Senate leaders say their version of the 2008 farm bill, which contains $10 billion above the Congressional Budget Office “baseline,” should be the model for the legislation that must be passed by April 18 to keep farm programs from reverting to permanent law.
But the chairman of the House agriculture Committee said the Senate bill, although close to a proposal offered Thursday (April 10) by House conference committee members, still requires more work before it can be adopted.
Senators Tom Harkin, D-Iowa, and Max Baucus, D-Mont., chairmen of the Senate Agriculture and Finance Committees, announced the Senate conferees latest proposal Friday afternoon (April 11).
The proposal is based on a March 25, 2008 framework of $10 billion in additional spending for the farm bill, including funds for disaster assistance. The framework maintains the investments of the Senate-passed bill with strong farm income protection as well as investments in nutrition, conservation and renewable energy and a program to provide disaster assistance to farmers.
The senators said their two committees worked in tandem to develop the framework with the Senate Finance Committee identifying offsets that make the bill deficit neutral. The conferees were scheduled to reconvene Monday afternoon (April 14) to discuss the proposal.
“The Senate farm bill is a strong bill and should be the model for the final farm bill that will become law,” said Harkin, who also chairs the House-Senate conference committee on the farm bill.
“It addressed myriad national priorities and looked ahead to the future by strengthening farm income and disaster protection and filling the gaps in nutrition assistance, investing in farm-based renewable energy, helping farmers and ranchers conserve our natural resources, and devoting substantial new funding to initiatives for growers of fruits, vegetables and horticultural crops.”
The framework in the proposal “maintains the investments of the Senate-passed bill and thanks to the Senate Finance Committee, it is deficit neutral,” Harkin added. “I urge House conferees to consider this framework and negotiate in good faith so that we can meet our April 18th deadline for the bill.”
One of the major obstacles remaining to the passage of a new farm bill centers on the disaster assistance provisions in the Senate bill. The framework, which Harkin says was agreed to by House and Senate leaders, has $10 billion in additional farm spending, including $4 billion for disaster assistance.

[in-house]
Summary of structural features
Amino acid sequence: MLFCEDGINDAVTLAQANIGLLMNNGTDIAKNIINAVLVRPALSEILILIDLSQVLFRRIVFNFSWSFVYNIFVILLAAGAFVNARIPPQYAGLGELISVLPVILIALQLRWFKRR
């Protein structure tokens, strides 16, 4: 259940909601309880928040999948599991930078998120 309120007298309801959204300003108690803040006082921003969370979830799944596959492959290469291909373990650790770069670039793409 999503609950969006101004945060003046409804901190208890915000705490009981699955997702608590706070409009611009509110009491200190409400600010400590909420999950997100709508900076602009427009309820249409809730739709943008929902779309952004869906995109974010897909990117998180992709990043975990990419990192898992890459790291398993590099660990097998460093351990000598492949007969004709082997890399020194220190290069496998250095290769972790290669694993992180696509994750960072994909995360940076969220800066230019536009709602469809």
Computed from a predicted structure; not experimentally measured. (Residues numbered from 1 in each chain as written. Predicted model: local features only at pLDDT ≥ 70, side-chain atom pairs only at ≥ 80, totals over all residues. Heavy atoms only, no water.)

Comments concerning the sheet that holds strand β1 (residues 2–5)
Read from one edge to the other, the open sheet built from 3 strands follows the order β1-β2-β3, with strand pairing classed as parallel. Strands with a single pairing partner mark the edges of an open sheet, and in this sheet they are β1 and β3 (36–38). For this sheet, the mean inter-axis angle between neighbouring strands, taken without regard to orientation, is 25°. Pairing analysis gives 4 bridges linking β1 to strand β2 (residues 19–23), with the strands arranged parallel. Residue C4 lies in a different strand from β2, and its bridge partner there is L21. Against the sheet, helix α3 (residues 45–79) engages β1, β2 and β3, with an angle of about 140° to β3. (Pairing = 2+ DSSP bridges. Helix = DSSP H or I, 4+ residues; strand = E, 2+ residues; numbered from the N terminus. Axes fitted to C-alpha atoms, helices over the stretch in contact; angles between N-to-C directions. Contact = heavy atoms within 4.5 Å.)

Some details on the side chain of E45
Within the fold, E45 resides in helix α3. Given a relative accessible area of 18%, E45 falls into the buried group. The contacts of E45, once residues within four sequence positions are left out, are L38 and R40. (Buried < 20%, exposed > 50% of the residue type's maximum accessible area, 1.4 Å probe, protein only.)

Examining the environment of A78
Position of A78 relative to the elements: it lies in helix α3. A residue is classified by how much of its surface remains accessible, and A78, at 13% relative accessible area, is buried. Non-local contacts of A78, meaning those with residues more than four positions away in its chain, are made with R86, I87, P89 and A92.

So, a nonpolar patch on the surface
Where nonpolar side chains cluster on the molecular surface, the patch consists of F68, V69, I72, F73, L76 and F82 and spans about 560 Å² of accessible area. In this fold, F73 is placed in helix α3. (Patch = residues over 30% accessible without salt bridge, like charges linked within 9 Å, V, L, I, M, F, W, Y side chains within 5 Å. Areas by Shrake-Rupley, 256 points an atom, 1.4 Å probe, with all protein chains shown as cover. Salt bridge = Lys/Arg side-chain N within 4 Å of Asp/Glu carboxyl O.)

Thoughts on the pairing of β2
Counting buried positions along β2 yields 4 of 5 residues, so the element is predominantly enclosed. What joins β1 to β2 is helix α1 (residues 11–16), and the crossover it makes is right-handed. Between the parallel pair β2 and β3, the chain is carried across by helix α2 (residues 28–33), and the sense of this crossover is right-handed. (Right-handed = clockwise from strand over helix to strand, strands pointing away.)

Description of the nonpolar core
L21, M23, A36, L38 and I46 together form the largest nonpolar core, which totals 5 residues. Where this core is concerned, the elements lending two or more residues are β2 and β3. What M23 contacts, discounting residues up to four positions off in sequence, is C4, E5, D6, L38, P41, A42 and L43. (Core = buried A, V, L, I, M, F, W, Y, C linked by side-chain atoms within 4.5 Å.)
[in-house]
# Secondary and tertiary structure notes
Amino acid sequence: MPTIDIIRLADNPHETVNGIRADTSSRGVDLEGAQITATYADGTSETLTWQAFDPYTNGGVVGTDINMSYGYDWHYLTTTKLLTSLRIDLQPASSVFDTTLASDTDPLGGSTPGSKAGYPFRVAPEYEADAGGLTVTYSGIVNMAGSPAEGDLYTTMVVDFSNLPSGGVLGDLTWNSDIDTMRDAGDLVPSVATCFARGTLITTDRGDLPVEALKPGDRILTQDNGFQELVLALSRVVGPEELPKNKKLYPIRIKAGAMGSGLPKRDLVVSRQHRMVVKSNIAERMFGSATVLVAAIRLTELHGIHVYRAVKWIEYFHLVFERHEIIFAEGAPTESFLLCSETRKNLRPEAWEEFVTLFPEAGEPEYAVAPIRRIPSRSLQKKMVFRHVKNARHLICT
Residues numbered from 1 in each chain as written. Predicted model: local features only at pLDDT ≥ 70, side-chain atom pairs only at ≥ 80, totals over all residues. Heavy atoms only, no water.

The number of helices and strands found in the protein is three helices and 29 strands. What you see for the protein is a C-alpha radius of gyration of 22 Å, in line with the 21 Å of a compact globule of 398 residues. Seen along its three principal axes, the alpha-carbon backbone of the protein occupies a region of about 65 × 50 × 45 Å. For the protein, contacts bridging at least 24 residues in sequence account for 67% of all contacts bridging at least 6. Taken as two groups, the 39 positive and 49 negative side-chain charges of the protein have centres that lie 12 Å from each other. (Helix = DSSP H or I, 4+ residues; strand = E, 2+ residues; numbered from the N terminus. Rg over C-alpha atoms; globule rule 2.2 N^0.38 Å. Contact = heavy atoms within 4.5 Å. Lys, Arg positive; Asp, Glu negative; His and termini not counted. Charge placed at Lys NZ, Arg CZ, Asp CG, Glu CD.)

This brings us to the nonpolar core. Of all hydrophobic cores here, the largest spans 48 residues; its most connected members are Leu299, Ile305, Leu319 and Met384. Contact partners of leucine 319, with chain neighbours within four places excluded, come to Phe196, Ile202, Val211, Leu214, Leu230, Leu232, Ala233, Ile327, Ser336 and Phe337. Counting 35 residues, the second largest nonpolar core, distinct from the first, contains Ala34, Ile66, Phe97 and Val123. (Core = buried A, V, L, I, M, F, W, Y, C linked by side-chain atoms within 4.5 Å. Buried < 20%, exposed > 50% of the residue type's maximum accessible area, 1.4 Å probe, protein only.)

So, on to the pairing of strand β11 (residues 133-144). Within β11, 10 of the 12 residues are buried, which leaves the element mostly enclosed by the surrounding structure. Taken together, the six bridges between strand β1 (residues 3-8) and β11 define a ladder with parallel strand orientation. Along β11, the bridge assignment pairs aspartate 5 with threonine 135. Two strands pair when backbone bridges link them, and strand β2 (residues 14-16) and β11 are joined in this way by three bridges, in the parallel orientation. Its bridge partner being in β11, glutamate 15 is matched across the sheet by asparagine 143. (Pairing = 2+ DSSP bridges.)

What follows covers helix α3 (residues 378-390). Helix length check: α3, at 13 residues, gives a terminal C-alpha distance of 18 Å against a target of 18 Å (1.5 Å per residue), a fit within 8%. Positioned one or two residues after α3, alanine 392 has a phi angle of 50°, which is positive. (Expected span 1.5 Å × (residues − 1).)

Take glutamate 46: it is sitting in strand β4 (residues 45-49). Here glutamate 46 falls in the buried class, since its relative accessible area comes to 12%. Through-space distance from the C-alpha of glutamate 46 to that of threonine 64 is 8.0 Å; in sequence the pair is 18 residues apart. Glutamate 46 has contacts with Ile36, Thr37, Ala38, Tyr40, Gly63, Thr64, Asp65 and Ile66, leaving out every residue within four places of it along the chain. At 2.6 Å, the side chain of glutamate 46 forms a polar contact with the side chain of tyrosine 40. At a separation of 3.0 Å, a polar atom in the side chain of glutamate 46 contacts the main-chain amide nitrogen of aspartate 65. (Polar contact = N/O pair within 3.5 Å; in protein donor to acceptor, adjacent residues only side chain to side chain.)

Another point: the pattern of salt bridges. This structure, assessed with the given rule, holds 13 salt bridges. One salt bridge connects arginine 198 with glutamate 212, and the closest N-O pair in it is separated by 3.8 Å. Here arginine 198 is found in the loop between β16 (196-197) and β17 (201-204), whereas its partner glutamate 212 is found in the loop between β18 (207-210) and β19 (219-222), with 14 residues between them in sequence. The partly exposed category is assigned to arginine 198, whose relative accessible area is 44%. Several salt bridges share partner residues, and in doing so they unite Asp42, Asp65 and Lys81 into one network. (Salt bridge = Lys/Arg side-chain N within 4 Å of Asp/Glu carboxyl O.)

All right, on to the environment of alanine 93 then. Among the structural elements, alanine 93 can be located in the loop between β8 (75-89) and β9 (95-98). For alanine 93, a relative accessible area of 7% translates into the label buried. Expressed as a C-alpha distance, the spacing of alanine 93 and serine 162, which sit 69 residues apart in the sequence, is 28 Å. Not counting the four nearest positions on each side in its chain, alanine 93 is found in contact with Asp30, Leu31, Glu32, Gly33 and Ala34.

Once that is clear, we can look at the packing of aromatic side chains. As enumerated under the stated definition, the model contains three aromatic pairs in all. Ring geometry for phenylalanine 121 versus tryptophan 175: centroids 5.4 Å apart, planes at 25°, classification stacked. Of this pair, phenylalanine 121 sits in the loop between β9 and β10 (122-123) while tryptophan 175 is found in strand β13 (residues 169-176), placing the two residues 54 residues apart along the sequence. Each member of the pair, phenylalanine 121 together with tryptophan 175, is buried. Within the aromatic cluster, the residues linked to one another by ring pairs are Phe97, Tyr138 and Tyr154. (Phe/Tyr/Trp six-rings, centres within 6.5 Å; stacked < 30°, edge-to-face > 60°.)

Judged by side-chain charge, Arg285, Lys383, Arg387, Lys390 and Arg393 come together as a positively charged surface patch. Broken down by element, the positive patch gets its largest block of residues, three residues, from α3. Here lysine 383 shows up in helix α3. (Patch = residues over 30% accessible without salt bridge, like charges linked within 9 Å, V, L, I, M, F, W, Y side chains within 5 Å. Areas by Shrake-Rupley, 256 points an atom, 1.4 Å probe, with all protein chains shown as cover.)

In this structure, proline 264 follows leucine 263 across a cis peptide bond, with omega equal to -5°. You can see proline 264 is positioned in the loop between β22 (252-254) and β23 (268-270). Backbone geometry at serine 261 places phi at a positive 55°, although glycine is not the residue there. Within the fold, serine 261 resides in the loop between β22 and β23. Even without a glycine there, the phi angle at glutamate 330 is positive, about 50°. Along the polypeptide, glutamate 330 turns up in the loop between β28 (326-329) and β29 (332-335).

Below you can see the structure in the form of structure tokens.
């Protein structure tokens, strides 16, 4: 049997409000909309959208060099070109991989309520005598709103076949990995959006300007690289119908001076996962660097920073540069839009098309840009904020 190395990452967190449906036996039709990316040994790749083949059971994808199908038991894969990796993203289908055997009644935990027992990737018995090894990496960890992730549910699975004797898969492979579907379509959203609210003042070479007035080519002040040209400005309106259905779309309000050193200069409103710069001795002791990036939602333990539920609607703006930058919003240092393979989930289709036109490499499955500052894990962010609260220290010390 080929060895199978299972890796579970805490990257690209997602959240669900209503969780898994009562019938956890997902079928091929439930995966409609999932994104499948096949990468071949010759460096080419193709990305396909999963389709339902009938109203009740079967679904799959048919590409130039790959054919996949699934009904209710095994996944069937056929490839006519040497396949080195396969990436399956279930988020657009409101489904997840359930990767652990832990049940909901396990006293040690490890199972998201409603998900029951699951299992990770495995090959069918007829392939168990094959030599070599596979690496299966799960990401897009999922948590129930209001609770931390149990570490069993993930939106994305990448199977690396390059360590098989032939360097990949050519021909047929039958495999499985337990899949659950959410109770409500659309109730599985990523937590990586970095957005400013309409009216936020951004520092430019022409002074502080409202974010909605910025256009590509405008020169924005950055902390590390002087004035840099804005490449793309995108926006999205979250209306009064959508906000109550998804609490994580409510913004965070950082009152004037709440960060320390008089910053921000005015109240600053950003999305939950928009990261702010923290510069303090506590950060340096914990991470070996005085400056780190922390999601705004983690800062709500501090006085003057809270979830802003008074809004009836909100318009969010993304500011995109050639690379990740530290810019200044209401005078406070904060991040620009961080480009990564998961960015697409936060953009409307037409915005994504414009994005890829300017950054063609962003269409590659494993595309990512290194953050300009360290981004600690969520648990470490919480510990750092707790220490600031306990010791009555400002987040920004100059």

“Farmers from Montana to Minnesota to both coasts have made clear how much they need this disaster assistance, and this proposal delivers for farm families in need,” said Baucus, who has been fighting for a permanent disaster program because of the drought conditions in the Montana, Idaho and Oregon region.
“The Senate is showing a strong and appropriate commitment to nutrition programs and to our nation’s agricultural producers, and I’m confident House conferees will work with us to finalize a good farm bill. We’ll just have to keep working together to come up with a final agreement that works for farmers and ranchers.”
“The Senate’s farm bill counter-offer affirms the House position on the core farm bill policies and shows how close we are to an agreement on those issues,” said Peterson, the Minnesota Democrat who chairs the House Ag Committee. “But it also demonstrates that there is still work to do on financing the bill and other extraneous issues.”
He said the Senate’s proposal only further “muddies the water” on funding for the farm Bill by scrapping the offsets recommended by the House and failing to offer alternative funding sources that are acceptable.
Claiming the Senate bill is closer to $12.5 billion over baseline, Peterson said the Senate proposal also breaks the previous agreement to limit above baseline spending in the bill to no more than $10 billion. “When we can’t agree on offsets for the core farm bill issues, adding $2.5 billion in tax giveaways that don’t even belong in the farm bill is counter-productive.”
During the first formal meeting of Senate and House conferees, Peterson tabled a proposal that was $5.5 billion above the baseline. The House proposal did not include a permanent disaster program or a number of tax extenders, both of which are included in the Senate proposal.